I Believe in Independence

Alysha - Hudson, New Hampshire
Entered on April 17, 2008

I believe in independence. I believe that the measure of an individual’s strength depends on whether he or she maintains a certain level of independence; and yet I feel as though it is a characteristic that has always come naturally to me. I find it quite difficult to rely on others. Some view my excessive amount of independence as a dent in my personality, but I see my independence as one of my best qualities. Others would argue that such independence is a nicer way of saying that I have trust issues or that I tend to be stubborn. I, however, disagree. Independence allows myself to prove that I have the ability to be strong enough to withstand anything that may come my way; it prepares me to be capable of standing on my own two feet no matter what situation I may be put into.

My independence affects my extra curricular activities. Tennis is essentially an activity consisting of independence, which is exactly why I am attracted to this sport. I depend only on myself while I am on the tennis court. I congratulate myself when I score a point, and I blame myself when I make an error. Even though I am required to play doubles, I prefer to play singles matches instead. While playing a doubles match, I must rely on my teammate. I have a tendency of not being able to compromise with my teammate while on the court; I either always allow her to hit the ball to the opponent or I shamefully become a ball hog and unconscientiously do not allow my teammate to have any contact with the ball. I have tried to understand why I subconsciously do this, but I have failed to find a reasonable answer.

My independence has forced me to reflect upon my characteristics on more than one occasion. I sometimes wonder if my excessive independence is a blindfold covering a part of me that I do not wish to see. I have noticed that over the years, I have had a difficult time allowing people to get emotionally close to me. A part of me wants to learn who I am, but another part, the more dominant part of me, is afraid to figure out who I am. This is because once I completely understand who I am then I have to live with the fact that I may not be perfect, or that I may be weird or not quite understood. I may be fooling myself, in the sense that my independence might be derived from my fear of becoming close to others, however I choose see my independence as “sour-sweet.”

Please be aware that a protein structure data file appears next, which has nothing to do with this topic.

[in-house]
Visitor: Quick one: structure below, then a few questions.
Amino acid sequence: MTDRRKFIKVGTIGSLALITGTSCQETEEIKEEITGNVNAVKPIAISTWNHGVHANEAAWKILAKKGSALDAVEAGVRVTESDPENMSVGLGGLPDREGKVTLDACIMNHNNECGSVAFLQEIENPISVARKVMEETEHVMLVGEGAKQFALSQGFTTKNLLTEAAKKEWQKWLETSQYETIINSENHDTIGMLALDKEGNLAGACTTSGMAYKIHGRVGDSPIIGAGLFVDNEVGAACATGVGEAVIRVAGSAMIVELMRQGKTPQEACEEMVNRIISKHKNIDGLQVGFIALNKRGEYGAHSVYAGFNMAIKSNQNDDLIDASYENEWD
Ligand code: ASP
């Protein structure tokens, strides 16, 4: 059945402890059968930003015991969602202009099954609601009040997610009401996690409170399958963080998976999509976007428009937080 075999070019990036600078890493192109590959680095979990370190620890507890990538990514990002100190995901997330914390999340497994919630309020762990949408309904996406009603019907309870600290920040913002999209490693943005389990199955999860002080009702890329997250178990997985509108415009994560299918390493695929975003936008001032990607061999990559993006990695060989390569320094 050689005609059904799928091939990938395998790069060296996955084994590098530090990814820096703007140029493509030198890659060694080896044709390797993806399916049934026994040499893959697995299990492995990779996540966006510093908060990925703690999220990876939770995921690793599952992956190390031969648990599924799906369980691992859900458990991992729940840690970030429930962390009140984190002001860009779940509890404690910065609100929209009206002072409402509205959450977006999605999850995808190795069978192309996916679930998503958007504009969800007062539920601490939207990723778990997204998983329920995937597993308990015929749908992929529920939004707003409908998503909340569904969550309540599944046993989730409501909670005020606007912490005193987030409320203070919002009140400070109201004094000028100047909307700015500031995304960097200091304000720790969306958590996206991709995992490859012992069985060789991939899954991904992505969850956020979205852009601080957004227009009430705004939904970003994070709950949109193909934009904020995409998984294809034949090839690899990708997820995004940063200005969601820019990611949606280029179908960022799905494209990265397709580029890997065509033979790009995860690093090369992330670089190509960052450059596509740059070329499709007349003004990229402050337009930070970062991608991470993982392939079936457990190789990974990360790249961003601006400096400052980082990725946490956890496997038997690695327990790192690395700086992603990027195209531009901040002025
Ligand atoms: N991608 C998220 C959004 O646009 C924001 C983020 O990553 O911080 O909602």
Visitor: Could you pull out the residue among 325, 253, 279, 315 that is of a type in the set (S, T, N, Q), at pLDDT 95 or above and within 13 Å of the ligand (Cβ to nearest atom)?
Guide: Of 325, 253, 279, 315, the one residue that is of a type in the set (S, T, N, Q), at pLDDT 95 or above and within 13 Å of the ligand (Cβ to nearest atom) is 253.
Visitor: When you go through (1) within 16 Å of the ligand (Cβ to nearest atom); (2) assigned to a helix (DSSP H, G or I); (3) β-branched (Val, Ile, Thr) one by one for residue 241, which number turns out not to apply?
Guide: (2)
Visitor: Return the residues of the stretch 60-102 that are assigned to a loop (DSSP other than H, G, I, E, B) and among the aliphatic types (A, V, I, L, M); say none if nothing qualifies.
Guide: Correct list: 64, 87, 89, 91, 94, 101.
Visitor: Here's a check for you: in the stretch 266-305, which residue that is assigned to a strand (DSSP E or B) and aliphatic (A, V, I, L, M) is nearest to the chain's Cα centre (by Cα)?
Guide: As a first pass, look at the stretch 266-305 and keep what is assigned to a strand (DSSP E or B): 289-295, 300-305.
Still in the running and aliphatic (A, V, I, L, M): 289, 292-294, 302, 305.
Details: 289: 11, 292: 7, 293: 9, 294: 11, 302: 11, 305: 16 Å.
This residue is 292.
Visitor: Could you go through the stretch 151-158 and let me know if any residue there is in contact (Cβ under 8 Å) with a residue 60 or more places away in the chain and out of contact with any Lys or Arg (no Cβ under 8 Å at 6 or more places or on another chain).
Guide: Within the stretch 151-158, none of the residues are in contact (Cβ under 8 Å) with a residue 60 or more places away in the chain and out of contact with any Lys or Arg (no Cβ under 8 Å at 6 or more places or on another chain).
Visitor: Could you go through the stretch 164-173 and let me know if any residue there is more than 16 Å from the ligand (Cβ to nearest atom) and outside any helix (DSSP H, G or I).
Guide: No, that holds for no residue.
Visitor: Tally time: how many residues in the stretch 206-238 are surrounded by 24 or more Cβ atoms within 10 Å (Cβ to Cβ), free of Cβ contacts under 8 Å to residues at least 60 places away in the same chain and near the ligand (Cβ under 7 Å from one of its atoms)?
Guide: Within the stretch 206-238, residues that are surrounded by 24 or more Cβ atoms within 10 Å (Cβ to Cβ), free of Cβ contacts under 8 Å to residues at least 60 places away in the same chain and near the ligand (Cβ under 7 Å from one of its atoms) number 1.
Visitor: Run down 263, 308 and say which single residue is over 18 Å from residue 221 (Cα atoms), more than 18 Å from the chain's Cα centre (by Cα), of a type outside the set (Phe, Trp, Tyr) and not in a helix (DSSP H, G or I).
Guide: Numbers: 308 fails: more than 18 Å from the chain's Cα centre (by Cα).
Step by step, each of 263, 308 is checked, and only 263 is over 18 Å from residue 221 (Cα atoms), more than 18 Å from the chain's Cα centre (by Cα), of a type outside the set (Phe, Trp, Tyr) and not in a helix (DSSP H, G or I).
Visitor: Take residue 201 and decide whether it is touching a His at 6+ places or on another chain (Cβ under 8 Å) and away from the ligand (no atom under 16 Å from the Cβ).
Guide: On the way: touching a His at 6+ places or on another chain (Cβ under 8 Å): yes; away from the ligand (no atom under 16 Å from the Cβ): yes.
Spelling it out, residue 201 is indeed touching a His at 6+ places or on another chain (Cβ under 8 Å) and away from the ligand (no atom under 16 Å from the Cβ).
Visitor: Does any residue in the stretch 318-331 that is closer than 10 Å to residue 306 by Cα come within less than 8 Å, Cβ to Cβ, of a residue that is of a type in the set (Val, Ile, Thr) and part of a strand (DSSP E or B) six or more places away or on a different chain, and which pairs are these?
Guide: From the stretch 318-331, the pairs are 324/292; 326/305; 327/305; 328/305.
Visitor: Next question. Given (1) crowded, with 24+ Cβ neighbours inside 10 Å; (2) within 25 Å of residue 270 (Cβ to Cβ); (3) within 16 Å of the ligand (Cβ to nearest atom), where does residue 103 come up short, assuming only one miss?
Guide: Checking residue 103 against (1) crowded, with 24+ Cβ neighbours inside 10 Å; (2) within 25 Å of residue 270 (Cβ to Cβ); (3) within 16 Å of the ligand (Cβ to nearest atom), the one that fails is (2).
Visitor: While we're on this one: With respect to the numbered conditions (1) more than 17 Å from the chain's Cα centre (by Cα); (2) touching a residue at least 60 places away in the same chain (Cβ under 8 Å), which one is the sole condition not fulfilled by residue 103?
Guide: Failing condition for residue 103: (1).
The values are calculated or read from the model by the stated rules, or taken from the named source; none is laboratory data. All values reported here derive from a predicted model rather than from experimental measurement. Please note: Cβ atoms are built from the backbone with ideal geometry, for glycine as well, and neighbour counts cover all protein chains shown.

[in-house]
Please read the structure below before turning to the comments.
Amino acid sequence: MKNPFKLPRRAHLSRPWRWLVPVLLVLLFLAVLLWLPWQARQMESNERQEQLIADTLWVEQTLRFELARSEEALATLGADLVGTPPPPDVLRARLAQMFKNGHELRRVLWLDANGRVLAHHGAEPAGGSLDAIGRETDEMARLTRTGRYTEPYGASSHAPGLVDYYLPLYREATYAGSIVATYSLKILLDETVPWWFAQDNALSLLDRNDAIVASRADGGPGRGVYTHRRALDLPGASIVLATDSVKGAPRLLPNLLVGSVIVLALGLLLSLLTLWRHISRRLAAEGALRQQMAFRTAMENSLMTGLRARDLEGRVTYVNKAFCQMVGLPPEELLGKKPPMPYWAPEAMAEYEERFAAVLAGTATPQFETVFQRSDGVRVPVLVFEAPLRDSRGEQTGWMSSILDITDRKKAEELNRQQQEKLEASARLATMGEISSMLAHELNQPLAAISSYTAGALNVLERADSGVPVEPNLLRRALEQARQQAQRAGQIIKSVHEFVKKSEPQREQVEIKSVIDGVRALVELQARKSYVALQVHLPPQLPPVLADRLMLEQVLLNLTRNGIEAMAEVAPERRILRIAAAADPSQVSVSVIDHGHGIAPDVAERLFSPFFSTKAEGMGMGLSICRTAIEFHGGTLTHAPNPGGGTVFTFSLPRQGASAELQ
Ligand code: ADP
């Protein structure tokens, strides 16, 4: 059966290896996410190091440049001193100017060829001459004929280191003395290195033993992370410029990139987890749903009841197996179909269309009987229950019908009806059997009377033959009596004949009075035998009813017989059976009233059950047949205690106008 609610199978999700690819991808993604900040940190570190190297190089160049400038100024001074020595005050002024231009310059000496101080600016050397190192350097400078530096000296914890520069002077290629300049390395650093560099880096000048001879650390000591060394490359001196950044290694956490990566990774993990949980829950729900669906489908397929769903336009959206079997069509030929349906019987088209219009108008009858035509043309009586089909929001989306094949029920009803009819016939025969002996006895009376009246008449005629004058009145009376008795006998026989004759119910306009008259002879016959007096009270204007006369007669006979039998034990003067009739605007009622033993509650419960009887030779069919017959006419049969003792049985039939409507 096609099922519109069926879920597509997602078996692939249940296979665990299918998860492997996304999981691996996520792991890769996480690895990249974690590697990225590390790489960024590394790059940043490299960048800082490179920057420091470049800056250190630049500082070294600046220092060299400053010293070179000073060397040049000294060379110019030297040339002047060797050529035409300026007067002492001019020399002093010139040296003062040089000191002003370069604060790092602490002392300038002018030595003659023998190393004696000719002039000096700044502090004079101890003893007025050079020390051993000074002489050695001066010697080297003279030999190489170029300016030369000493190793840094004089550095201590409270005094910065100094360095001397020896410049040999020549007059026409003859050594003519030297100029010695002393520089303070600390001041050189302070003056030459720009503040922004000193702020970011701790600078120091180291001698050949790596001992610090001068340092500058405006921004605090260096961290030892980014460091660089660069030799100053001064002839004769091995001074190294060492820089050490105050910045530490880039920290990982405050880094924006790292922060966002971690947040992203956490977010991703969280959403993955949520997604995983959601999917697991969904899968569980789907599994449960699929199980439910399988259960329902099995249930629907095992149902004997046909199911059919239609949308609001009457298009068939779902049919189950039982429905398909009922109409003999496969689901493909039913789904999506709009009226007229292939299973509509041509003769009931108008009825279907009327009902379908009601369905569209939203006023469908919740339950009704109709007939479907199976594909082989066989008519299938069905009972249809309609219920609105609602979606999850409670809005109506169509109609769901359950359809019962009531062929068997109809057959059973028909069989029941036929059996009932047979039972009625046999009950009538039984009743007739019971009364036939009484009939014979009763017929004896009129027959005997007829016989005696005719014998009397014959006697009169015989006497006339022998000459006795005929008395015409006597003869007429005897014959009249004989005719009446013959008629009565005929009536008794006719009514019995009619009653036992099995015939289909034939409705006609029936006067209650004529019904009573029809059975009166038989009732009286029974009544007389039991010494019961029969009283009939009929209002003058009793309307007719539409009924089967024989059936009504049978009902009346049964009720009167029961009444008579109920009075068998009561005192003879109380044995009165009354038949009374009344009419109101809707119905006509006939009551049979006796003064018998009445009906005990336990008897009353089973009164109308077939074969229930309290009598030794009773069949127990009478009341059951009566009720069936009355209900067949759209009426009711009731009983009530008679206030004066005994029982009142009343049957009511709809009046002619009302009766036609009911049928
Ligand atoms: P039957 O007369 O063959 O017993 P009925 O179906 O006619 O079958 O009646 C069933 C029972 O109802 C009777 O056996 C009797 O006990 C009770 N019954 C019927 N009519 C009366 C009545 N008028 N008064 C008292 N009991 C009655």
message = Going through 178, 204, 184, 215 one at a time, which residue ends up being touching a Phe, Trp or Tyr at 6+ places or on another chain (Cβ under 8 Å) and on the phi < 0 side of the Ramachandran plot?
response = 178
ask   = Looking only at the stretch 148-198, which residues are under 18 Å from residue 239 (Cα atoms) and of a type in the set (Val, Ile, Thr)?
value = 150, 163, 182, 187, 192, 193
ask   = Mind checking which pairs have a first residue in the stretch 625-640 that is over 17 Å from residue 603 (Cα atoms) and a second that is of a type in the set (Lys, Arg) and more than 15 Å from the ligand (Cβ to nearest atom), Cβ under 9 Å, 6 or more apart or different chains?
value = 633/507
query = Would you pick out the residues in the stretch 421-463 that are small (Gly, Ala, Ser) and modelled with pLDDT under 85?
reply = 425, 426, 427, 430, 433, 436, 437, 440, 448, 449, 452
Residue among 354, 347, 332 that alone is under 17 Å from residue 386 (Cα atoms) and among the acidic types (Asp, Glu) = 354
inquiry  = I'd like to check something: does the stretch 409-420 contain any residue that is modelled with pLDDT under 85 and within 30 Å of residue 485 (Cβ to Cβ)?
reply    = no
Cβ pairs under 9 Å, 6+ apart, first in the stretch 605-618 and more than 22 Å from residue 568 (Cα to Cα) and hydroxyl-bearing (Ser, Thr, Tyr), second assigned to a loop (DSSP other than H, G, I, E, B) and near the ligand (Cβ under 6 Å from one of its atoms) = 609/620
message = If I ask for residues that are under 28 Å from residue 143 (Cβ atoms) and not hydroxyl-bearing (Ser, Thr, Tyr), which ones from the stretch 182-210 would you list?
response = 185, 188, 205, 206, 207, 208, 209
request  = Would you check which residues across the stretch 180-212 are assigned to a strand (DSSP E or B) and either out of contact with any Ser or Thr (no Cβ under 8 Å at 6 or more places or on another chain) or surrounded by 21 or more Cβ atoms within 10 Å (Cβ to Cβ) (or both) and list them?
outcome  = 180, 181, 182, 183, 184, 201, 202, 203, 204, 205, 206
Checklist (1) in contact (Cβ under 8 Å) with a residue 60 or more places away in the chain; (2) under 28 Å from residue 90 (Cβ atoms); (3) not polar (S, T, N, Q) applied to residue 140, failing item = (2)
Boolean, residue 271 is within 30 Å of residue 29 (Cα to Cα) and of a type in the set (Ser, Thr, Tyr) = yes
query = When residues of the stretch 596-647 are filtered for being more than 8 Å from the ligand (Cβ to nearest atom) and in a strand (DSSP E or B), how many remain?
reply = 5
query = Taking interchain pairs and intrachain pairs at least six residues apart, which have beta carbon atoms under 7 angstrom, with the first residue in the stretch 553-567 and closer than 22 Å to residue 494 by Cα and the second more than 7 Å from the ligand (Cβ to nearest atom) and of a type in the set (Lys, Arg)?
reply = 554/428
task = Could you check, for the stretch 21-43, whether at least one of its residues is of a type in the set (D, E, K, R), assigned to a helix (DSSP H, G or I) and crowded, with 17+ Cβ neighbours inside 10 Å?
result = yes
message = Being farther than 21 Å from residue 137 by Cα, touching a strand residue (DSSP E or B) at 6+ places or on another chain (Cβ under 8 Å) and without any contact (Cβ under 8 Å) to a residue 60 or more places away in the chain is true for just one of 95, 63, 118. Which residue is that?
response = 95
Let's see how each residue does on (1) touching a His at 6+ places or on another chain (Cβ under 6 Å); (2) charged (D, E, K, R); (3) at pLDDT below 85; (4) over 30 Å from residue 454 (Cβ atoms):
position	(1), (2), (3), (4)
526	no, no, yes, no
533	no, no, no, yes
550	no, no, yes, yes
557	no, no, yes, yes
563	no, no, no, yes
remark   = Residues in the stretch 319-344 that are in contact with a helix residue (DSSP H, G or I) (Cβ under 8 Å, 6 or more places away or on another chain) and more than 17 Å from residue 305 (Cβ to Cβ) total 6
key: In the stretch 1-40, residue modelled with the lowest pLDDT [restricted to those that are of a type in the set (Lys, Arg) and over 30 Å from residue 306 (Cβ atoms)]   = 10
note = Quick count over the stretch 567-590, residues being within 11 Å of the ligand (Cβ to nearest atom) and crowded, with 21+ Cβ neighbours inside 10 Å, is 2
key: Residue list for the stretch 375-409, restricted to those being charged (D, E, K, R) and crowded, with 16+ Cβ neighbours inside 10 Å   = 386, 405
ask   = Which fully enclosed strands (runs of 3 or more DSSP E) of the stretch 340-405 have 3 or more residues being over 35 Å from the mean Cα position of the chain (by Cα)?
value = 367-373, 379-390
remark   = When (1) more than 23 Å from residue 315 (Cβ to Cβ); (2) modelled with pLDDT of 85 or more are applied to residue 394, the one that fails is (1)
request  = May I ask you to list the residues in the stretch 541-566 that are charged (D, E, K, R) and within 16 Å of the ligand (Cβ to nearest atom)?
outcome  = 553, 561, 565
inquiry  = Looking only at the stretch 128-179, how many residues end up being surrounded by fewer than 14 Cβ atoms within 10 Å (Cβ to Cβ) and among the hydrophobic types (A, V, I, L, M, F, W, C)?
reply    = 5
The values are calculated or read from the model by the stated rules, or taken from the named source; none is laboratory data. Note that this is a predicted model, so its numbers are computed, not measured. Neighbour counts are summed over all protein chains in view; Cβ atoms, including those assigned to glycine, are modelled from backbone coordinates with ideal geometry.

Throughout my life, I have been put into situations that have forced me to become more and more independent, to become my own person. Whether it is through a sport or a friend, people and activities I have associated with have helped shape my independence. My independence is my freedom. Independence is my power from within. It gives me the reassurance that I will make something of my life. Independence offers me the freedom to be who ever I want to be, to do as I want, and to make my own decisions.